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Photographer Elizabeth Menzies Focus on new exhibition at Princeton University

In 1936, three years out of high school and working from her darkroom at home on Prospect Avenue in Princeton, Elizabeth Menzies (1915-2003) sold her first cover photo to the Princeton Alumni Weekly (PAW). That photo and many others went uncredited. The backs of the prints document a progression from the lightly penciled “Menzies” to a polite “Credit Line Appreciated” to her rubber stamp insisting “Credit Line, Please.”

A new exhibition of Menzies’ work, Credit limit, please: photographs by Elizabeth Menzies, is now open. Curated by Phoebe Nobles (Processing Archivist), Emma Paradies (Library Collections Specialist IV) and Rosalba Varallo Recchia (Library Collections Specialist VI) by Princeton University Librarythe exhibit features dozens of photographs from the university archival collections at the Seeley G. Mudd Manuscript Library, particularly the Princeton Alumni Weekly Photograph Collection and Historical Photograph Collections.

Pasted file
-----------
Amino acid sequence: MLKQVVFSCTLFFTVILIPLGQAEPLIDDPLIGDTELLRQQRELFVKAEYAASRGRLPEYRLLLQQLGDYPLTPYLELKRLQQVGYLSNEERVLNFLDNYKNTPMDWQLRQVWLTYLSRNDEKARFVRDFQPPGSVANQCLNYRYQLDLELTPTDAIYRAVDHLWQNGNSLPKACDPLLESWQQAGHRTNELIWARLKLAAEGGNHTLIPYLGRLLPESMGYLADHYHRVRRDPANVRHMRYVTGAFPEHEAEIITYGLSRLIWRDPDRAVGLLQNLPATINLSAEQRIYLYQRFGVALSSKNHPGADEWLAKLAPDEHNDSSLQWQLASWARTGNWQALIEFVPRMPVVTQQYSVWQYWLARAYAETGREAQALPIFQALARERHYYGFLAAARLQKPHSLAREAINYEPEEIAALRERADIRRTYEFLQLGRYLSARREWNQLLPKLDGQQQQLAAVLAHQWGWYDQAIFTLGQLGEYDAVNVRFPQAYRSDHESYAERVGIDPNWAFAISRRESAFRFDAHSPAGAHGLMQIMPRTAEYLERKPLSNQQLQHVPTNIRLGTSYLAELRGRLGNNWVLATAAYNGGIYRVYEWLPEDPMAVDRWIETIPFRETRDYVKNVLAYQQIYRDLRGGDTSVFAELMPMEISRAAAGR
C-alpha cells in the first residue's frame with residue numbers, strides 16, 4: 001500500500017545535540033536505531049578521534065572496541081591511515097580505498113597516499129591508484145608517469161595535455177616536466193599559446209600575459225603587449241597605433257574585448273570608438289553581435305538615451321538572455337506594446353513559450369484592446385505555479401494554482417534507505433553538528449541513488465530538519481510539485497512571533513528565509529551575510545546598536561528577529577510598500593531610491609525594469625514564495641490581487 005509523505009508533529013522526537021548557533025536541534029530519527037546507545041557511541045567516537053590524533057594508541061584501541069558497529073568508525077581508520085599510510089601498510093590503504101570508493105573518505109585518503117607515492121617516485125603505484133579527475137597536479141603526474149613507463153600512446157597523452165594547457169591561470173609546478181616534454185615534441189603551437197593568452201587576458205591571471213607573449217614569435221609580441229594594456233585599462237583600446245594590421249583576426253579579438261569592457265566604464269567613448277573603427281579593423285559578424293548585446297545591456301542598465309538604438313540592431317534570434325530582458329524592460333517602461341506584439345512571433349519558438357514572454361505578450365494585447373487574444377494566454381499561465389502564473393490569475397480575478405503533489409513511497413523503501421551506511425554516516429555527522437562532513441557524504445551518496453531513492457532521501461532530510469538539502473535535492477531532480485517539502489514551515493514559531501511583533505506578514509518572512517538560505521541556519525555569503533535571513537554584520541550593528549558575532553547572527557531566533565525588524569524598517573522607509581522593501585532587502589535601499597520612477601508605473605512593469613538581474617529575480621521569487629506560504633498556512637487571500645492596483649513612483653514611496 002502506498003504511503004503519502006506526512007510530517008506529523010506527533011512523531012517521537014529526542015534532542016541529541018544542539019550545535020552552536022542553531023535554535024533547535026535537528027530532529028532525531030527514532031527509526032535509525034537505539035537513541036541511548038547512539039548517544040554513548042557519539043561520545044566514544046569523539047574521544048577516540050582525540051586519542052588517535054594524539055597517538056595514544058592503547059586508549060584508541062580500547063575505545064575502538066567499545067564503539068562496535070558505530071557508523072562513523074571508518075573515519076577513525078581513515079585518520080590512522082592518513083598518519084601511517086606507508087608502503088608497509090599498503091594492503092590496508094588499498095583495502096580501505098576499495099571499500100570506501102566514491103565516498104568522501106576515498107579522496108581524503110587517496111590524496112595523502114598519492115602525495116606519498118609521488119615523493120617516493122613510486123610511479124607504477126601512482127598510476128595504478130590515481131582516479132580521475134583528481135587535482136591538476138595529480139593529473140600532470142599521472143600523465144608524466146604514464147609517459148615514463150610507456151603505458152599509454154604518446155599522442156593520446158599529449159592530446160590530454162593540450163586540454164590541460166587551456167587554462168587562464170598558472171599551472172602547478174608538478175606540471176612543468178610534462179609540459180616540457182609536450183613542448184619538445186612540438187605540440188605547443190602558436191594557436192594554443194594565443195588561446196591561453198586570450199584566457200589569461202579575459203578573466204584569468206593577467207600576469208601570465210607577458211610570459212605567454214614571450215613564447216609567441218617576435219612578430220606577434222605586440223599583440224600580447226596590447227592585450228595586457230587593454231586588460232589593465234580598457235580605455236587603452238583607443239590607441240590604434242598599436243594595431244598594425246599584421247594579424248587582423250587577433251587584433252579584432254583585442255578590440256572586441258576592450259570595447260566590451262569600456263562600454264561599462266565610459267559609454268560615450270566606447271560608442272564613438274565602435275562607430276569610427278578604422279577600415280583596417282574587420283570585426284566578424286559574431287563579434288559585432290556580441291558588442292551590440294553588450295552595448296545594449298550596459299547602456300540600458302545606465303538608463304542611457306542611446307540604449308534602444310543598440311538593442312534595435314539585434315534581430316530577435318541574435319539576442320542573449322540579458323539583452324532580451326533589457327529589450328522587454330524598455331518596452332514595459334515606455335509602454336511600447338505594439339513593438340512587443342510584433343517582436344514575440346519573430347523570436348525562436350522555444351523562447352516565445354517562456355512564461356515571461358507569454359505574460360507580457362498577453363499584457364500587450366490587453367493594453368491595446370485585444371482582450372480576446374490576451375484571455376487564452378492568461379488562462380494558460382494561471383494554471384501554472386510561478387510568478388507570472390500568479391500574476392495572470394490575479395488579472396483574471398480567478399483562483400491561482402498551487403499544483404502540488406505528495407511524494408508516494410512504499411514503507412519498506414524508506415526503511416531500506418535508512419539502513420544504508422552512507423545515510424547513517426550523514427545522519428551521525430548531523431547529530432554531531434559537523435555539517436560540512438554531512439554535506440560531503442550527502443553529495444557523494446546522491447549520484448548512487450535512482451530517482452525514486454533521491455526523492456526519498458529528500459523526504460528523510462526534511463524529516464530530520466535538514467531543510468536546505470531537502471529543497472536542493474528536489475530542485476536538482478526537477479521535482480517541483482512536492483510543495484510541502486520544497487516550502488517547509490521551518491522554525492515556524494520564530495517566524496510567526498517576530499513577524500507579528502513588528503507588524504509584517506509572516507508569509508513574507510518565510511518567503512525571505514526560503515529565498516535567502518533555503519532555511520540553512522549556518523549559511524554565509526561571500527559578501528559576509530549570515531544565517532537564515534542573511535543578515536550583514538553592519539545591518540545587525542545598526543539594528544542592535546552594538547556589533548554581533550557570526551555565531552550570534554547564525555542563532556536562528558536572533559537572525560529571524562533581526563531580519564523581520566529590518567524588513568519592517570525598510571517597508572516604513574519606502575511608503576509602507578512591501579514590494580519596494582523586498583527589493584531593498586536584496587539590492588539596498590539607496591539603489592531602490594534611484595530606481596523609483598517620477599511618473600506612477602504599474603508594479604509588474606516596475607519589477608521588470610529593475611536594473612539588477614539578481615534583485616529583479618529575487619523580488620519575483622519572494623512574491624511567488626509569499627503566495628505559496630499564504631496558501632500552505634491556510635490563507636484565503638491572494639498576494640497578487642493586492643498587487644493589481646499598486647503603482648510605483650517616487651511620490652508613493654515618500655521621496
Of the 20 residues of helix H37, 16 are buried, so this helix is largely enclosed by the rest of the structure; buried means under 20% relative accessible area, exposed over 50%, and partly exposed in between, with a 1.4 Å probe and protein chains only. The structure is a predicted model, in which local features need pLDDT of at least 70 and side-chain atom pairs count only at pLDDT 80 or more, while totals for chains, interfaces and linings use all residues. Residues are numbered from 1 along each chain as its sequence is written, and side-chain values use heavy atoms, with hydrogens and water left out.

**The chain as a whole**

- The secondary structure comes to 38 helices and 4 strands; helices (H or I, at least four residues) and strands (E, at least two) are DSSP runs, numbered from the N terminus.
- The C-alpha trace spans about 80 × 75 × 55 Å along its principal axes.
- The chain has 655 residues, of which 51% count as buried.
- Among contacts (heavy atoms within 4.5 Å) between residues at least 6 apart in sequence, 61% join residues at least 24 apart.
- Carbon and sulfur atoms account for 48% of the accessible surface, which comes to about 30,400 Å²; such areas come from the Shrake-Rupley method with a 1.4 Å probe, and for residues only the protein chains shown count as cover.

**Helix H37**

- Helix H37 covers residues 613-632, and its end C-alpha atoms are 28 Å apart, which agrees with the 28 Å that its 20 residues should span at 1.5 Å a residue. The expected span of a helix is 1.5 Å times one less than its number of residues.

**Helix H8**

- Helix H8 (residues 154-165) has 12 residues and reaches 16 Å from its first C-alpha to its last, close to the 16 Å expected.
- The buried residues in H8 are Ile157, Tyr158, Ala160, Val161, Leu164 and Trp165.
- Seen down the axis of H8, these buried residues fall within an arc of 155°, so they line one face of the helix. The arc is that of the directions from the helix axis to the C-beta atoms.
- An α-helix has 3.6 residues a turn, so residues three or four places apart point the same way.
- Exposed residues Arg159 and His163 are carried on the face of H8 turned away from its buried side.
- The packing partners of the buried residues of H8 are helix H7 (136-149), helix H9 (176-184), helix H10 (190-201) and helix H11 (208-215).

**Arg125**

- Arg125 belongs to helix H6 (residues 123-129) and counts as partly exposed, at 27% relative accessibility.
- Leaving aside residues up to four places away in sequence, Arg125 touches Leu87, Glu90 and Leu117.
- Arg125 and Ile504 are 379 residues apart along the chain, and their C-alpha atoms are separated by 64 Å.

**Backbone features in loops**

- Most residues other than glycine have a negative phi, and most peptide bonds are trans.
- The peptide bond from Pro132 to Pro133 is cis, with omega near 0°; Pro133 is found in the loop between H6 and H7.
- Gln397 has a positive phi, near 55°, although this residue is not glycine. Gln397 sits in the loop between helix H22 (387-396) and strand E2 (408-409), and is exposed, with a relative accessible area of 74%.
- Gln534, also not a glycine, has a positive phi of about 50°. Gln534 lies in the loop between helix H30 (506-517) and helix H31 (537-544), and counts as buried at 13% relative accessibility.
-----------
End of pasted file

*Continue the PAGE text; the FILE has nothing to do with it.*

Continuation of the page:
Menzies was both an insider and an outsider. While excluded from the education she documented, she enjoyed privileged access to the campus through her father Alan Menzies, a chemistry professor, and her job at Princeton’s Index of Medieval Art. Her camera was her ticket to lecture halls where, in the words of a PAW editor, students “endured Betty Menzie’s tennis shoes silently padding through the back rows.”

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